European monetary system and european currency

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The bilateral mode involves co-operation between two supervisory agencies. It is used for cross-border supervision of the same type of financial institutions, such as credit institutions, or the supervision of different types of financial institutions operating in the same market, such as credit institutions and securities firms. The instrument that has been devised to organise bilateral co-operation between banking supervisors is the Memorandum of Understanding (MoU). With the implementation of the 2nd Banking Co-ordination Directive, the Member States began to negotiate extensively MoUs in order to establish the necessary co-operation between "home" and "host country" authorities to supervise efficiently institutions that have cross-border activities or foreign country establishments.

By the end of 1997, 78 bilateral MoUs had been signed between the EEA banking supervisory authorities. The key aims of MoUs are to establish a regular exchange of information between national supervisory authorities. While the "gateways" for the exchange of information have been laid down in Community legislation, MoUs provide a practical framework for communication to be carried out between supervisors. Moreover, MoUs define procedures and reciprocal commitments between pairs of EU supervisors related to the various parts of the supervisory process, such as establishment procedures and on-site examinations.

Finally, the multilateral mode is the one in which a group of supervisors works collectively as, say, a single consolidated supervisor. Such a mode is required when the problems involved are area-wide. They may be area-wide for a number of reasons with regard to the institutions, or groups, involved: their dimension; their linkages with a number of different markets in various countries; the role they play in the payment system or in other "systemic" components of the market, etc. Multilateral co-operation can also enhance the quality of supervision by examining common macroeconomic influences on the banking system and common trends in the financial system that may not be revealed from the national perspective only.

Today, the Banking Supervision Committee is the key forum for multilateral co-operation. It is composed of representatives of the banking supervisory authorities of the EU countries, either forming part of the respective NCB or separate bodies. The Banking Supervision Committee's main functions are the promotion of a smooth exchange of information between the Eurosystem and national supervisory authorities and co-operation among EU supervisory authorities. Another forum for dealing with the requirements of the multilateral mode is the Groupe de Contact, a group of EU banking supervisory authorities which, for many years, has discussed individual banking cases in a multilateral way, but at a lower organisational level than the high-level Banking Supervision Committee.

19. So far, the need to develop the multilateral mode has been relatively limited, as the emergence of a single banking market in the European Union has been slow and the euro was not yet in place. Thus, the fact that the multilateral mode has not gone, for the moment, beyond periodic discussions among supervisors and occasional industry-wide analyses should not be a cause for concern.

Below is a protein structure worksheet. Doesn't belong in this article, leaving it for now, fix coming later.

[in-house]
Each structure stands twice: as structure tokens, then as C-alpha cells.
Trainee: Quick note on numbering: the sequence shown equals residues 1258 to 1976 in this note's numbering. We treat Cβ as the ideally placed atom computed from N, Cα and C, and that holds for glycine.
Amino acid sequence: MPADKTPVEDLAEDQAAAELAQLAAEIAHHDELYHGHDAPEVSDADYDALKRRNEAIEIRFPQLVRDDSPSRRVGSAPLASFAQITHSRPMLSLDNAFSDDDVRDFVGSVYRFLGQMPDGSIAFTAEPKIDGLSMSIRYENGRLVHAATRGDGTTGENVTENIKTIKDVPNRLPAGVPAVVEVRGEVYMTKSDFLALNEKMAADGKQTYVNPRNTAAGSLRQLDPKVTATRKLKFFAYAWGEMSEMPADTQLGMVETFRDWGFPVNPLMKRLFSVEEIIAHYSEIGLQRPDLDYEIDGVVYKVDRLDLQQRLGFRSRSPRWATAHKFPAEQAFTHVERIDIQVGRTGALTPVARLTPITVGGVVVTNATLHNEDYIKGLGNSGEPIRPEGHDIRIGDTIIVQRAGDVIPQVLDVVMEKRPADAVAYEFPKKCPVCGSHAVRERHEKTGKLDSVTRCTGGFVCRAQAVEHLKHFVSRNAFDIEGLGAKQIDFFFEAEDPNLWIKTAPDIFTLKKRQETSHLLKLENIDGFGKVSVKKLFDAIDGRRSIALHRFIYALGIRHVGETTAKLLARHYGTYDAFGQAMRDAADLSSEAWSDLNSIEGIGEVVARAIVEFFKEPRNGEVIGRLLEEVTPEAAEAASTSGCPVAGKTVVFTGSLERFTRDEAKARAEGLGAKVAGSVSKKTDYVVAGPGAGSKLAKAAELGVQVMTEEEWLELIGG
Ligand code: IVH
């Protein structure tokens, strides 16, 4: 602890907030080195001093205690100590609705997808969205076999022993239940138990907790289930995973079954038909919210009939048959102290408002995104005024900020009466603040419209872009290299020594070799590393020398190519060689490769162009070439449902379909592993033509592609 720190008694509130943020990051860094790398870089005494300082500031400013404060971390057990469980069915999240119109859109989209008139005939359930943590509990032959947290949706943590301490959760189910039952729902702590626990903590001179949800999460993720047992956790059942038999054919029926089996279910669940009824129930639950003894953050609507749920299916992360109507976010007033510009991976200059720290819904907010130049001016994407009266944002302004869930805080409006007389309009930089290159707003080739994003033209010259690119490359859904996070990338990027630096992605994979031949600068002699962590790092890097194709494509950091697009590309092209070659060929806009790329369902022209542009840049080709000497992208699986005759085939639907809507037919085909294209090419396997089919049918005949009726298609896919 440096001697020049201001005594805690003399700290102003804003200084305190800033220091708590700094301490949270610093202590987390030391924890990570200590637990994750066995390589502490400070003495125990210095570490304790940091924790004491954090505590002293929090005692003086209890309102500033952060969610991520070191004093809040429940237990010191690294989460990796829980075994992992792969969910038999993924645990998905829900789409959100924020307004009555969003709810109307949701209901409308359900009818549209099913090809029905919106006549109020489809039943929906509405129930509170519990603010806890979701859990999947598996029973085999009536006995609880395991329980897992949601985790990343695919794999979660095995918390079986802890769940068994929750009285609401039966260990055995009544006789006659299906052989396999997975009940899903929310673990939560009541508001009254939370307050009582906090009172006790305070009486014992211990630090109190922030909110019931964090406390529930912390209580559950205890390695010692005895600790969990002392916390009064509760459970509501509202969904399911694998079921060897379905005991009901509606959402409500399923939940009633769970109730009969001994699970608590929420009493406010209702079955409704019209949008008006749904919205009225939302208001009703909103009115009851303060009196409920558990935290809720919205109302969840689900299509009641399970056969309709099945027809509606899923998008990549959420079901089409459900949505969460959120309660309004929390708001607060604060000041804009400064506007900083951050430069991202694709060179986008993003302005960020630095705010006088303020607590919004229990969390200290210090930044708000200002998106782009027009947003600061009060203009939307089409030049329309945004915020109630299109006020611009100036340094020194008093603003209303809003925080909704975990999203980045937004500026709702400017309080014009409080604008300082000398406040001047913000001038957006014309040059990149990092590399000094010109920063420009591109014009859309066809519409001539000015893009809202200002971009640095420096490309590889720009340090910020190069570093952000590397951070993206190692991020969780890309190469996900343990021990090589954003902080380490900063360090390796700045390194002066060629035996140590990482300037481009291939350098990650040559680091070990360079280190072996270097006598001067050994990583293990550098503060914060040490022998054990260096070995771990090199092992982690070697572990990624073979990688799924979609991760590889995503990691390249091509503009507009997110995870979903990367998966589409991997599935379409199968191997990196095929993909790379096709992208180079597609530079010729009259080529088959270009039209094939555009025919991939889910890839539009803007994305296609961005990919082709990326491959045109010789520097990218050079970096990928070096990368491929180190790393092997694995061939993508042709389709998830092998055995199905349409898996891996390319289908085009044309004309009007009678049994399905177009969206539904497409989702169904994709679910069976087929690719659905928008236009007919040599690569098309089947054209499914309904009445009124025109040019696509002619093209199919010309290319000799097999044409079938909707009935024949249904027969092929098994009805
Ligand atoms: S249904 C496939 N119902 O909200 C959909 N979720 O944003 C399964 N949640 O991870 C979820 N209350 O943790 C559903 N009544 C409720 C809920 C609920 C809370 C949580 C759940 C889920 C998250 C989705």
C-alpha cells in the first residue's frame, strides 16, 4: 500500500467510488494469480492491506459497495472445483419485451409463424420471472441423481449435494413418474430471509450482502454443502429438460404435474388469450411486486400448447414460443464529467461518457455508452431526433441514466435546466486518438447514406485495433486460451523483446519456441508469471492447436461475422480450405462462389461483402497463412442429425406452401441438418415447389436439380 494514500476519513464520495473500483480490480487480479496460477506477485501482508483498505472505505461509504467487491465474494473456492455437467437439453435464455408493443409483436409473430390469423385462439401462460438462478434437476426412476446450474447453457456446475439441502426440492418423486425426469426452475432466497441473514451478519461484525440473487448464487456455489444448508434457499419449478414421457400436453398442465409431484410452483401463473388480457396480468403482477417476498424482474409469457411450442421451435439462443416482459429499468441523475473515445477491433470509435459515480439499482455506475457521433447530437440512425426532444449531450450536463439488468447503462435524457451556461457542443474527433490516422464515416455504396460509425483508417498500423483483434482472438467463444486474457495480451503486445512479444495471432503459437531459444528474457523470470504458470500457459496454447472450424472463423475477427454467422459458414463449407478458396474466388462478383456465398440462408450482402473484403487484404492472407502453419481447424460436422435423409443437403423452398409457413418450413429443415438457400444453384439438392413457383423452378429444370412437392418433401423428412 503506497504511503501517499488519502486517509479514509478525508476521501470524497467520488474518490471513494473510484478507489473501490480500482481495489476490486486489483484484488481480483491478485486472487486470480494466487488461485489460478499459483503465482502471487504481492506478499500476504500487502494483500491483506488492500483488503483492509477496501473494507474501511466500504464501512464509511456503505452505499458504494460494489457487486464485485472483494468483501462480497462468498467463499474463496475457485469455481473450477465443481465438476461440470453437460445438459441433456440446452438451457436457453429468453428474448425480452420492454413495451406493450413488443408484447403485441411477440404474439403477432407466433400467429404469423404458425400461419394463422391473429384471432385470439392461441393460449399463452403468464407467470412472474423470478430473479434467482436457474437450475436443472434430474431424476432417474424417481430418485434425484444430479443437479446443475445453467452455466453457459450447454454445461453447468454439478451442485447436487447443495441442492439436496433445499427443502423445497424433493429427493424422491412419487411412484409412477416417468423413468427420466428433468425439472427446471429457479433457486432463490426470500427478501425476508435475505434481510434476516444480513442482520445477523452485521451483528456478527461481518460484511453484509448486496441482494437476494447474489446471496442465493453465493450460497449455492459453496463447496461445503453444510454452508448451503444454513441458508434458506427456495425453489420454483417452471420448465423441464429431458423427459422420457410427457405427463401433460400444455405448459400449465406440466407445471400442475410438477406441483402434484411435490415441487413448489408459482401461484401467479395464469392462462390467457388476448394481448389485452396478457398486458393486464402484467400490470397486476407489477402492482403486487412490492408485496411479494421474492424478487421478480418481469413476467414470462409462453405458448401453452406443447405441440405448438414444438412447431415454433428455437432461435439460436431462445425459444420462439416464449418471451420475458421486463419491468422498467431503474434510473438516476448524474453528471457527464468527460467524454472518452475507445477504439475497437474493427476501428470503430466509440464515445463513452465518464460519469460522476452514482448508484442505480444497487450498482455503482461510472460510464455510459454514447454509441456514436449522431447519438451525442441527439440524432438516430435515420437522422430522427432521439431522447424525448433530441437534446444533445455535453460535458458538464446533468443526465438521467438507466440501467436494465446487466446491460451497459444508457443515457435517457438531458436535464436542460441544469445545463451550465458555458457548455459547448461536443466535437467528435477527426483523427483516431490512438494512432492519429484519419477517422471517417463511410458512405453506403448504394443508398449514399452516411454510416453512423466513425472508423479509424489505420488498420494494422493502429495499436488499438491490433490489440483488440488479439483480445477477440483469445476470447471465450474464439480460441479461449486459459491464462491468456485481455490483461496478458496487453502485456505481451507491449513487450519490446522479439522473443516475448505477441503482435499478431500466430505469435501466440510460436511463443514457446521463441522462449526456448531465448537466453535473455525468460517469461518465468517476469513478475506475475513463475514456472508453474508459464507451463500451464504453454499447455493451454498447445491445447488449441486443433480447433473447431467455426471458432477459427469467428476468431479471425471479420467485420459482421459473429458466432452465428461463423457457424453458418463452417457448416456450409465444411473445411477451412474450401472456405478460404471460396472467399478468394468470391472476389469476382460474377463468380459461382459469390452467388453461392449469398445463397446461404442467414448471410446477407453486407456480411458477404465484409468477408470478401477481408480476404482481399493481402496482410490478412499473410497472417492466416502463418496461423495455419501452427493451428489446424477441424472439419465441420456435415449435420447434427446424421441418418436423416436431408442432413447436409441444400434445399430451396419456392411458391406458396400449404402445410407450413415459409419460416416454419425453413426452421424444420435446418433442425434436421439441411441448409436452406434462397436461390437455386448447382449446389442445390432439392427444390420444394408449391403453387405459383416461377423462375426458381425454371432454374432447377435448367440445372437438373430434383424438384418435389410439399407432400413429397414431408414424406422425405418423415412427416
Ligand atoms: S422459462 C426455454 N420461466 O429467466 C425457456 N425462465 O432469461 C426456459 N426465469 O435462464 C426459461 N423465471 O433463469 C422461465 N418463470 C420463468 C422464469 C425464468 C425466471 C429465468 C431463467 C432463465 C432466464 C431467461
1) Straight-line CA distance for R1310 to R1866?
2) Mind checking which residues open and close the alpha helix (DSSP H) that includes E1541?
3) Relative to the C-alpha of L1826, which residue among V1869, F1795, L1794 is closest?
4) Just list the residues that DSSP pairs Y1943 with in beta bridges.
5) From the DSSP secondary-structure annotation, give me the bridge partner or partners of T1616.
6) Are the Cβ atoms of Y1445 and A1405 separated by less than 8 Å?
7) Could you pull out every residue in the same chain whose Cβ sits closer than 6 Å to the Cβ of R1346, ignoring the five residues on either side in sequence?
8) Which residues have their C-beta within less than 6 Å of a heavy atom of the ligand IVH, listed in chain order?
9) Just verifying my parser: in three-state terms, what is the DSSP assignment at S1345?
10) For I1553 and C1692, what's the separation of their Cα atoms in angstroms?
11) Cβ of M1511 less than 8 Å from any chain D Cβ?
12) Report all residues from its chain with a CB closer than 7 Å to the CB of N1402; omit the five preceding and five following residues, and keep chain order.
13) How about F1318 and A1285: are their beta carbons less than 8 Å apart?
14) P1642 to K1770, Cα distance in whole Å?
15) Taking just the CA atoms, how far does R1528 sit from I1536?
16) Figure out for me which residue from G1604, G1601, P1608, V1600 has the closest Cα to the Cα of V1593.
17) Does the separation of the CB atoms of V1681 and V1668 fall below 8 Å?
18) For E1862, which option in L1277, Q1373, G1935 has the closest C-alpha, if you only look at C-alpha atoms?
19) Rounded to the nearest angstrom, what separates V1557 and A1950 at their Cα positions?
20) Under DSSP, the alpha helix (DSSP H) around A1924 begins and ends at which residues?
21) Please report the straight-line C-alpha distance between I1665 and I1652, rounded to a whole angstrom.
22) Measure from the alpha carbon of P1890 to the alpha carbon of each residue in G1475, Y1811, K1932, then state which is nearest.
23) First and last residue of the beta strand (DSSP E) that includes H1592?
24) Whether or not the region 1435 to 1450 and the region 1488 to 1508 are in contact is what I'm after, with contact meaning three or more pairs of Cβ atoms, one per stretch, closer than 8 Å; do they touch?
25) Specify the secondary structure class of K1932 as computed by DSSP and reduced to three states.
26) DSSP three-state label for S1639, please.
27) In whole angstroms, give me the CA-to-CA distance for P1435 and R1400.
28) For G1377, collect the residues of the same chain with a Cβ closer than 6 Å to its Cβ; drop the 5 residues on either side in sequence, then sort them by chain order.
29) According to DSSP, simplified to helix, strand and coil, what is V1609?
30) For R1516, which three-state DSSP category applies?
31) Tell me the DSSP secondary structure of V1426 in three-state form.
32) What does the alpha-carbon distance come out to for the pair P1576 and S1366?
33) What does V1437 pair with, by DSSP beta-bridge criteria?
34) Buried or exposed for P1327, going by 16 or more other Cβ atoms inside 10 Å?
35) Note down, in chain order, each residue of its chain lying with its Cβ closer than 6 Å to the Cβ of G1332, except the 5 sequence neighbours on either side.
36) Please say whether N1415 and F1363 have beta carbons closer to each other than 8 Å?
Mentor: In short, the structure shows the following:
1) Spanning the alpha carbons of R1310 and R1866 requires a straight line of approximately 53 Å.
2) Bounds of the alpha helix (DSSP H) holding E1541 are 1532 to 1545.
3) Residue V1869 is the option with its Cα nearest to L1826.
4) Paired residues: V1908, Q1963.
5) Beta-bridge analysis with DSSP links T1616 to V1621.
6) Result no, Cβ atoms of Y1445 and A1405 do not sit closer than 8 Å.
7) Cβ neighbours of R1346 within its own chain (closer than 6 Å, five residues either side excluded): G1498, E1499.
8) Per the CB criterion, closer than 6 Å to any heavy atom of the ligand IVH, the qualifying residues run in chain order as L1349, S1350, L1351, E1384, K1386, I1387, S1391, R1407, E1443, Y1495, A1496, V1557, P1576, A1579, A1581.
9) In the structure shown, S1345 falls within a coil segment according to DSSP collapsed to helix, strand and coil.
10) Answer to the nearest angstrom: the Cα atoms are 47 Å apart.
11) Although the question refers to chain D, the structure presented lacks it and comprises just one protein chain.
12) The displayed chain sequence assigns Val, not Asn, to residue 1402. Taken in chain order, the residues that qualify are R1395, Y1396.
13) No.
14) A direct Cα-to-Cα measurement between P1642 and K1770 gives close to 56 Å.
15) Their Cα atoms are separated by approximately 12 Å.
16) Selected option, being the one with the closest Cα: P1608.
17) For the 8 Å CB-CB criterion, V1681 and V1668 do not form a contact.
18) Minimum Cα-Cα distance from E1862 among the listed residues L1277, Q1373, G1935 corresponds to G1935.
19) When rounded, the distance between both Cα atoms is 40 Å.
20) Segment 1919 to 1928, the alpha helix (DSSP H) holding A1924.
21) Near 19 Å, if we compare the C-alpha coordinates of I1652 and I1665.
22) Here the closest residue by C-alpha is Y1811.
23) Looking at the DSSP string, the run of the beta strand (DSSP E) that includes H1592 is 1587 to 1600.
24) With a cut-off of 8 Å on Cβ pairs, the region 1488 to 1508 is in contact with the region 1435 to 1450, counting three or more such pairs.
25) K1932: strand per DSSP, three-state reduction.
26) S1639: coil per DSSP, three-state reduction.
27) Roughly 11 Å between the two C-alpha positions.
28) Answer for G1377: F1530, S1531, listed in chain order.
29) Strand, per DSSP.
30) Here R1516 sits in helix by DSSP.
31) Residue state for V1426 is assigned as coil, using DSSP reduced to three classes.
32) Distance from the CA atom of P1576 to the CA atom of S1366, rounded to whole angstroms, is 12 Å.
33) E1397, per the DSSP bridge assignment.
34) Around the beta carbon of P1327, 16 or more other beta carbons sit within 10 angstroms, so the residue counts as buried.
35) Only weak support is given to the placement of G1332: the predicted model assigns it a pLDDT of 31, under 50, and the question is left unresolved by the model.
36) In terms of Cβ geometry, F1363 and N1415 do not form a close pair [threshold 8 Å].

I am convinced, however, that in the future the needs will change and the multilateral mode will have to deepen substantially. Over time such a mode will have to be structured to the point of providing the banking industry with a true and effective collective euro area supervisor. It will have to be enhanced to the full extent required for banking supervision in the euro area to be as prompt and effective as it is within a single nation.

There are no legal impediments to that. The existing legislation, whether Community or national, permits all the necessary steps to be made. Information can be pooled; reporting requirements and examination practices can be developed and standardised; common databases can be created; joint teams can be formed; and analyses of developments across the whole banking system can be conducted. The Community legislation providing for the unconstrained exchange of confidential information between supervisors does not distinguish between bilateral and multilateral co-operation, but the common interpretation is that it covers both modes. It will be the task of the Banking Supervision Committee, for its part, to develop the multilateral mode among EU banking supervisors.

20. If the above concerns primarily the euro area supervisor, what about the euro area central banker, i.e. the Eurosystem? The euro area central banker has neither direct responsibility for supervising banks nor for bank stability. It is, however, no stranger in this land. It has a vital interest in a stable and efficient banking industry; it is, therefore, keen to see its action complemented with an effective conduct of the supervisory functions by the competent authorities; it needs a clear and precise knowledge of the state of the euro area's banking industry as a whole and of its major individual players; and it may have a role to play, as we shall see, in the management of crises.

Реферат опубликован: 12/08/2008